This is a question most students ask when they are planning to start preparation for the IELTS. And sadly it is not often that they get a satisfying answer to the question because the answer is normally baseless and more intended to keep the spirits up. So it is invariably- “Of course! The IELTS is a really easy exam. Getting a 6.5 isn’t difficult!”
That is so encouraging and at the same time so misleading. Of course getting a 6.5 is not impossible. In fact there are students who are able to scale the test and get scores as amazing as 8.0 and 8.5. But each test taker is different and can manage only what is his optimum efficiency in terms of a score. Do not be misled by the statistics and score records of others. Draw up an independent preparation schedule and work slowly towards achieving what is your best.
The most important aspect of the IELTS test preparation plan is to understand the test pattern and know which version, the General Test or the Academic Test, is needed. Clearly the levels and styles of the two test versions are very different for the Reading and Writing sections and need to be well addressed in order to ensure a good score. Besides, the two versions serve different purposes for judging language proficiency. Individuals applying for immigration always need the General Test score while those applying for academic programs need to prove themselves on the Academic Test.
The Listening section of the IELTS is fairly easy. Tracks run in parts and questions are asked in clusters of 3 to 5 based on the sequence in which the information is narrated. The portion of the track played is short and it might not really be necessary to jot down points while listening. In fact, jotting down points diverts attention from the track. The better strategy is to practice retaining the information narrated. A sharp memory is an asset and can better the listening section score. The one catch in the Listening section is the answer stipulations. If the question asks ‘what time will the bus leave the college?’ and the candidate writes 7….no A.M or P.M……..the answer will be deemed wrong. Similarly the right answer may still not be awarded marks if it is spelt wrong. And if the answer is to be given in no more than two words, so it must be. An extra ‘an’ or ‘the’ may sound better but if it makes the answer exceed the word limit, so avoid it.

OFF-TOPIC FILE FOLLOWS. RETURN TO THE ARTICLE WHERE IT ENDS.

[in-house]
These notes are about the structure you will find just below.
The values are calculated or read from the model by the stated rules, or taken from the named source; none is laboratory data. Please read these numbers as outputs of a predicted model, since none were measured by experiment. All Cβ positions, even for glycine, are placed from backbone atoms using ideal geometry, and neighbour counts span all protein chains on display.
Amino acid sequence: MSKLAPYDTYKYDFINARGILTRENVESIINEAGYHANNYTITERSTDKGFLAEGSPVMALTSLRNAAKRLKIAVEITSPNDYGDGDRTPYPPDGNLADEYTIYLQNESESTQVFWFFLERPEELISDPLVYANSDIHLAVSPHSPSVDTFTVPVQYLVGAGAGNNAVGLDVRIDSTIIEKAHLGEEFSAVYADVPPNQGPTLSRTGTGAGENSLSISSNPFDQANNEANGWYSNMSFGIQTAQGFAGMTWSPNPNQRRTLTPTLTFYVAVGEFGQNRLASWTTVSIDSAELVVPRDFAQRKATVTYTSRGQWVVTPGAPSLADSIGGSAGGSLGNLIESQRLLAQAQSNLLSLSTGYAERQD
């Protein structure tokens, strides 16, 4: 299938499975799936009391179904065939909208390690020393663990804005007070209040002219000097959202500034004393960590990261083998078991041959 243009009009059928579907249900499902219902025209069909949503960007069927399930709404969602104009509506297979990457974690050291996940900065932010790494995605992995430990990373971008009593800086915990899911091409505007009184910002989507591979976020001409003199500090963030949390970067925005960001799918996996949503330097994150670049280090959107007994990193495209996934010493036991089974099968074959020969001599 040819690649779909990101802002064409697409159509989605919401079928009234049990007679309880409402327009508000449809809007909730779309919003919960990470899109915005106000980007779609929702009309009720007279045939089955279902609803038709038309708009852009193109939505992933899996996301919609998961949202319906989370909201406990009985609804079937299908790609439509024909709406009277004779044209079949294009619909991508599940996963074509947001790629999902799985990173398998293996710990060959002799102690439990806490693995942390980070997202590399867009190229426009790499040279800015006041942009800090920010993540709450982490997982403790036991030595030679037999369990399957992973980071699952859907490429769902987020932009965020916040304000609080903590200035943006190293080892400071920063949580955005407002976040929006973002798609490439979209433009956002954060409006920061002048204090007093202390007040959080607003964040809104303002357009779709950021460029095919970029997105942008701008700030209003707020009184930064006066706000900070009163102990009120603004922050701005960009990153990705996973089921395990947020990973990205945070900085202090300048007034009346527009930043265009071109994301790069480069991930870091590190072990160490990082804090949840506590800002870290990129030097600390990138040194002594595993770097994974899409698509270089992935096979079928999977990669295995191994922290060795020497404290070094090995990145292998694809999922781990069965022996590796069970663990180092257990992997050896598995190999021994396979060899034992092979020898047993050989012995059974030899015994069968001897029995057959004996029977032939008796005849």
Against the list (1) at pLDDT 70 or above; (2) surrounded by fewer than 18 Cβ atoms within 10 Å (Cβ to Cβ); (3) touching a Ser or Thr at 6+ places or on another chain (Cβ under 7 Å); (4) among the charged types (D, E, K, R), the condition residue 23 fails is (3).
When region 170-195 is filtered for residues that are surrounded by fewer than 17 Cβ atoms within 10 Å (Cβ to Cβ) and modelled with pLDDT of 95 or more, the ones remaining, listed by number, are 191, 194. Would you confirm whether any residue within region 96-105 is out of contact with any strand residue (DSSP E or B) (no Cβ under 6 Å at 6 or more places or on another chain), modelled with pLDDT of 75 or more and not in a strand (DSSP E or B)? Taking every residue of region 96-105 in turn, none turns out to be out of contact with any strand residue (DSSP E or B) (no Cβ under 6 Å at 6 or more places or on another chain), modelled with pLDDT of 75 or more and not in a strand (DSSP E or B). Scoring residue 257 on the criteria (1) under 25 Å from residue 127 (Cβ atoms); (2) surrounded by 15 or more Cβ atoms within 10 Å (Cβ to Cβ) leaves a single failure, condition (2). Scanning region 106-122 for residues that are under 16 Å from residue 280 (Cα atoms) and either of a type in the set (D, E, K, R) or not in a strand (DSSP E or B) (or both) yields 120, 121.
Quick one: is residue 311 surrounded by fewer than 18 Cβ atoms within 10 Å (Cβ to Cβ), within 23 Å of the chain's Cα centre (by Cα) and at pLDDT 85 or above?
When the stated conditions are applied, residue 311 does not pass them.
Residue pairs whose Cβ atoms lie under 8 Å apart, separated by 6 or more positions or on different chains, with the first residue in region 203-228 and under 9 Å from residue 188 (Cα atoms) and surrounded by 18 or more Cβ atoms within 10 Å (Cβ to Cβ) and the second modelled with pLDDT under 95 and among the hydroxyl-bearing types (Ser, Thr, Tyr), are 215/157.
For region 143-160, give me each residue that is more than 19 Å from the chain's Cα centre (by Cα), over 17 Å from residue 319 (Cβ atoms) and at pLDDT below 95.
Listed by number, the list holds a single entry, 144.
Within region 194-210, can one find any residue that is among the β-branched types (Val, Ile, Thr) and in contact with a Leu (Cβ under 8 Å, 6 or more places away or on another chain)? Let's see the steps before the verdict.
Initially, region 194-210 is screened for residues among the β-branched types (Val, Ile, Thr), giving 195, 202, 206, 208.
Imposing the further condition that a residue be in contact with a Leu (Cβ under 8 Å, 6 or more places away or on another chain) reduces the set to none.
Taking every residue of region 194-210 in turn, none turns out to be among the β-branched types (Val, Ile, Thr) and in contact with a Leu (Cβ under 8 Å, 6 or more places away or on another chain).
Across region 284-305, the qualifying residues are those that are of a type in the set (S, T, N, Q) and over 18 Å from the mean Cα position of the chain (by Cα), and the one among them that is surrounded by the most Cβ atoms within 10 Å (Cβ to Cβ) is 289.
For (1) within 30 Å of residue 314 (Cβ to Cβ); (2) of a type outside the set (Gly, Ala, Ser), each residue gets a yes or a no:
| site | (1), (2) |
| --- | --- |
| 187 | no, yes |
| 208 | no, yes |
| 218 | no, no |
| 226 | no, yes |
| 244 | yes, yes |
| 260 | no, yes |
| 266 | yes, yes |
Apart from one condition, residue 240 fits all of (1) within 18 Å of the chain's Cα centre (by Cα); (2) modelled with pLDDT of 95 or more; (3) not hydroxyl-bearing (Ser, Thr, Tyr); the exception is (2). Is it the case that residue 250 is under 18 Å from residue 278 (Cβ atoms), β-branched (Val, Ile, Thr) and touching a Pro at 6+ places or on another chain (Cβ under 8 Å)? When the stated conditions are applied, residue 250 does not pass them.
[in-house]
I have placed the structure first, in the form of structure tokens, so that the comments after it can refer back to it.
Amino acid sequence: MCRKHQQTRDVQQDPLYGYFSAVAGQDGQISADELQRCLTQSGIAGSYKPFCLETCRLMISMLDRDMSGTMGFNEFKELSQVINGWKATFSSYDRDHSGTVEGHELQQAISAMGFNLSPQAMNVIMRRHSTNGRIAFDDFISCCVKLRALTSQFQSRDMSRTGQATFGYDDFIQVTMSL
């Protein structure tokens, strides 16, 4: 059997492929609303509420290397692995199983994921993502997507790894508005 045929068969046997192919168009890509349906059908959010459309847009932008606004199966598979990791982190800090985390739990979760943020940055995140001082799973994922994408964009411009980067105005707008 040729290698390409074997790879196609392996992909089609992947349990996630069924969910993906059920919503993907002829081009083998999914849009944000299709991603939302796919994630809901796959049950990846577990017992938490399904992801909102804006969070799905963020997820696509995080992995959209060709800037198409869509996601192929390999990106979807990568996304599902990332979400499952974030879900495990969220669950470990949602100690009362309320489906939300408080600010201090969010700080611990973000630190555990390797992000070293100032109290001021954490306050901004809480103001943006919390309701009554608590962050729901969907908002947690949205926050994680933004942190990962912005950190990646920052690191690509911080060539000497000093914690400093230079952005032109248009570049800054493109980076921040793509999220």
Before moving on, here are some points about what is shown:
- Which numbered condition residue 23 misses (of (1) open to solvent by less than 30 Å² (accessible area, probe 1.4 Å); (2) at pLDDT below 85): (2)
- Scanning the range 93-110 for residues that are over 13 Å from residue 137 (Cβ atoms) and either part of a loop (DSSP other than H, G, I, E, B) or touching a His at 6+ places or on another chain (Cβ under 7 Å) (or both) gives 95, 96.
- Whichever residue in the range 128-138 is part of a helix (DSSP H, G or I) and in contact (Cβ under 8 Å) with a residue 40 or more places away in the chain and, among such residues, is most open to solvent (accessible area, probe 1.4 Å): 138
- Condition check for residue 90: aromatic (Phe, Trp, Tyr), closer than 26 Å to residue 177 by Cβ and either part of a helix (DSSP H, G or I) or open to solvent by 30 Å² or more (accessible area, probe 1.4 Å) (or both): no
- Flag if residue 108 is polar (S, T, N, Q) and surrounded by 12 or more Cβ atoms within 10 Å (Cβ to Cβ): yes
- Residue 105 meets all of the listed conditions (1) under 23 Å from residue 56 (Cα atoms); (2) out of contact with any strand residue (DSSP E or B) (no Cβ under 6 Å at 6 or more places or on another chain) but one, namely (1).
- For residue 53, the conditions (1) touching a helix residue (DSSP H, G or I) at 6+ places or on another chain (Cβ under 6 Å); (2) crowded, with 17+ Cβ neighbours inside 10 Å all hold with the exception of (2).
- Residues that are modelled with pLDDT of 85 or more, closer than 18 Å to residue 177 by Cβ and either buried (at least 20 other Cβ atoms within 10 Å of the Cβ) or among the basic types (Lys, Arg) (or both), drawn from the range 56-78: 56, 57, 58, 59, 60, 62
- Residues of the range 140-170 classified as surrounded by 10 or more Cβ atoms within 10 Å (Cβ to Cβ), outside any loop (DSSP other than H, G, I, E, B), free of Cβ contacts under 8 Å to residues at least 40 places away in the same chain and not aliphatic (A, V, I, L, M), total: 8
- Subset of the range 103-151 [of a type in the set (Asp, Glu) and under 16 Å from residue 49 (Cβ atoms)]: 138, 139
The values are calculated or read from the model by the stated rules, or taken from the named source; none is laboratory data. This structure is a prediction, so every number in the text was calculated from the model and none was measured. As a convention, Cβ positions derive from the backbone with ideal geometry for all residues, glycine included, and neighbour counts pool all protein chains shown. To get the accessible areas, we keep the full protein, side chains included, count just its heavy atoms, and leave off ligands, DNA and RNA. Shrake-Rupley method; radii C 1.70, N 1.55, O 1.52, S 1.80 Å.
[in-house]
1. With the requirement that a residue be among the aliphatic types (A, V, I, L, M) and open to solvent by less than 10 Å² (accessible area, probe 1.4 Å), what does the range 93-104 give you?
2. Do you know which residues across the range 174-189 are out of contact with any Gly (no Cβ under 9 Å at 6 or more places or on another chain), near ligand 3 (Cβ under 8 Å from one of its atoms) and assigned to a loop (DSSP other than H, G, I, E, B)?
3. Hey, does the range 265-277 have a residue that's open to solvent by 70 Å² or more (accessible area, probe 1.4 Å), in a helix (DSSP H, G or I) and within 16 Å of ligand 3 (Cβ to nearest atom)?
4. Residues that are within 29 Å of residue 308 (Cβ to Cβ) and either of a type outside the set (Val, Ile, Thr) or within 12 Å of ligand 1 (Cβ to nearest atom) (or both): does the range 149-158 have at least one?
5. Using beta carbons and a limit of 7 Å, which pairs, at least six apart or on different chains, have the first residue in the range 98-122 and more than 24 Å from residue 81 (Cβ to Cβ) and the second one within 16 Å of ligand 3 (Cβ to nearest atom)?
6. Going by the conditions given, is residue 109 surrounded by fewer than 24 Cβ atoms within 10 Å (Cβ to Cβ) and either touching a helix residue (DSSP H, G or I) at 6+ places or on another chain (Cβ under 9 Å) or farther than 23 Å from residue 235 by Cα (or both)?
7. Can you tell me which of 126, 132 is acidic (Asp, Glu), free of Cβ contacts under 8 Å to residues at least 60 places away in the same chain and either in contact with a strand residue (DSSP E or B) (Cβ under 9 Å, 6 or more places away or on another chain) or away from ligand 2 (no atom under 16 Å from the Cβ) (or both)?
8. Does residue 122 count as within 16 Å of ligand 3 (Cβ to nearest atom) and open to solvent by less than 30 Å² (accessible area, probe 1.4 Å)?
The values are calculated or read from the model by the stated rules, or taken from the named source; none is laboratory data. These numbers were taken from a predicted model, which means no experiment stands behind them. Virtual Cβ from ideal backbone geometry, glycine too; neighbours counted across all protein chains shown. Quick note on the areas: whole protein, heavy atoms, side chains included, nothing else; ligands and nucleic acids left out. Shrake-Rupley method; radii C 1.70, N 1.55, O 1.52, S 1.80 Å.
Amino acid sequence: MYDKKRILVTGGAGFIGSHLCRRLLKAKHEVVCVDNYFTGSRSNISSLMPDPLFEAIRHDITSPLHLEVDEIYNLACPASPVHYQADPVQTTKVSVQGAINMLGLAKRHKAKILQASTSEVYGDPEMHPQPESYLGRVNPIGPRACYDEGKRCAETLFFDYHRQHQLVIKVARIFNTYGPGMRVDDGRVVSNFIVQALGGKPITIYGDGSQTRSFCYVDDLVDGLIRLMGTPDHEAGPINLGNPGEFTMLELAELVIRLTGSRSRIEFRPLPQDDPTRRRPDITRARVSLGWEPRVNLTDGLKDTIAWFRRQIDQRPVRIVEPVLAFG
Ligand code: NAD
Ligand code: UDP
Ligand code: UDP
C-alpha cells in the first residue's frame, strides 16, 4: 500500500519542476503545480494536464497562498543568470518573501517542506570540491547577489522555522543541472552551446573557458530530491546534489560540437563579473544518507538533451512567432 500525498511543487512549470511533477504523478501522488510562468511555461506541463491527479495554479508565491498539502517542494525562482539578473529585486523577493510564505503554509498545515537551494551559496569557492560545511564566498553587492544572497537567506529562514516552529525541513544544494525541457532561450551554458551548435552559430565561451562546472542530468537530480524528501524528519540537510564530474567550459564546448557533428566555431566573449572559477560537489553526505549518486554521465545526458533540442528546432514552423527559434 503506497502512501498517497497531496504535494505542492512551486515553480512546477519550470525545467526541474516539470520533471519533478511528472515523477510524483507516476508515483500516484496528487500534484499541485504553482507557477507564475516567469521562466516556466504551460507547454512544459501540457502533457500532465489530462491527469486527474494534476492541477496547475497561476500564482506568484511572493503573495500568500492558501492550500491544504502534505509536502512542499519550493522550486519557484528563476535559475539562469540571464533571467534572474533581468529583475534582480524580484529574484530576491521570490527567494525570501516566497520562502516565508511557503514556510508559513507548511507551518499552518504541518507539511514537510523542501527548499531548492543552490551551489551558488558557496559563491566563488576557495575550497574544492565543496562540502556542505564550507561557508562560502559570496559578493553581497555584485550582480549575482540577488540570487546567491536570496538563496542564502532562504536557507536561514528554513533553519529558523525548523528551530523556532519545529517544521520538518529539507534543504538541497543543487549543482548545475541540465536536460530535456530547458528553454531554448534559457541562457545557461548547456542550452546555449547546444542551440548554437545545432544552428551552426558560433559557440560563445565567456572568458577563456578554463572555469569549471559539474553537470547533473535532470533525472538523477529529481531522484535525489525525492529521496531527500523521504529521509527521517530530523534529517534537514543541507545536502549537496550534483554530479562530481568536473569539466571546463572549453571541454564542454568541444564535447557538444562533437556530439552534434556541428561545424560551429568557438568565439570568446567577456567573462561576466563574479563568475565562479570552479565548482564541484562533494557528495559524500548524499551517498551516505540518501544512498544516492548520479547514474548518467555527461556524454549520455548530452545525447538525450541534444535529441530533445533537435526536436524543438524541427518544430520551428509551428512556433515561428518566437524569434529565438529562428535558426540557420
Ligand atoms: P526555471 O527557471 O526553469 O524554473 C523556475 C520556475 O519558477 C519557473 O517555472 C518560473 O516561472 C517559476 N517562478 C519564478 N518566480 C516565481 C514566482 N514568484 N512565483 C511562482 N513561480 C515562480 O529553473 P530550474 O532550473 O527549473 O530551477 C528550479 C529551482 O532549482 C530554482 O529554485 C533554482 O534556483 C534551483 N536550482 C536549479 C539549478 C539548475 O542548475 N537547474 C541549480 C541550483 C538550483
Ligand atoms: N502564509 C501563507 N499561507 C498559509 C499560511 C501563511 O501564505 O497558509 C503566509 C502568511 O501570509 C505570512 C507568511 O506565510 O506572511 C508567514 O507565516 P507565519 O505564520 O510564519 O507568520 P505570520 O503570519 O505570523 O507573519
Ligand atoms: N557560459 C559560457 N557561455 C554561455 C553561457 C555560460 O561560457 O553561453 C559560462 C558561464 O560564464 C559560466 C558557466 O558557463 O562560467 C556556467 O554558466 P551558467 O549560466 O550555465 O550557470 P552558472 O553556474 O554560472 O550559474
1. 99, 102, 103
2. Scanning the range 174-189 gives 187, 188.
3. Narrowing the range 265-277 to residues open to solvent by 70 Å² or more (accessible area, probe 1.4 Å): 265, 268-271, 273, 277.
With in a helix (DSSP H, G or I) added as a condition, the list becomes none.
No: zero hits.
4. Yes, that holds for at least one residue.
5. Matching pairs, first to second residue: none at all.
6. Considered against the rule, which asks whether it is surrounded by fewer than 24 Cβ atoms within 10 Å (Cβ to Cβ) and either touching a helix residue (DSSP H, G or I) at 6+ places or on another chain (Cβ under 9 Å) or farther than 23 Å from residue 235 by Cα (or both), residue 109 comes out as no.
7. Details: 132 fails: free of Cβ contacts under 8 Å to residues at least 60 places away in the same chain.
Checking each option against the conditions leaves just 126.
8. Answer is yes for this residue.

The Speaking section of the IELTS test involves being interviewed by an examiner face to face. This is unlike how the Speaking section of the TOEFL is conducted and so again a word of caution- practice this section with someone and try to simulate the real test as far as possible in terms of time, resources and content. There are lists of questions and topics important to the test available online. Gather these and then get down to practicing the topics you may not be at ease answering impromptu. Every test taker has a comfort zone as far topics go. Some are at ease talking about their careers but not about the most interesting book they have read and others can tackle questions on culture and art well but not on politics. There is a compilation of the most frequently featured topics for the Speaking section and it is wise to take a look at this to avoid getting into a tight spot with the examiner! Also, practice to be natural. Do not put on an accent; do not cram up answers and rattle them off to the point of sounding irrelevant; and listen to the question carefully before framing an answer. If the examiner asks ‘Do you prefer to study alone or in a group?’ the answer should be limited to just stating your preference. Only if asked ‘Why?’ should you detail your reasons for this preference. As on other testing platforms, test takers suffer from the misconception that the more one speaks (or writes) the higher one is likely to score. No. Scores are never proportionate to the quantity of the answer. Be relevant, clear and creative.
The reading and Writing sections, as mentioned earlier, are different for the two test versions and will be dealt with separately.
has mastered the strategies required to nail the IELTS and has assisted hundreds of students in the past to secure impressive scores. What is more, the institute has taken on the responsibility of training students who have already written the exam and need to improve their scores. This challenge of ensuring score improvement has not deterred the institute from its commitment to quality training. Classes are fun filled, planned to impart information and committed to satisfying the customer.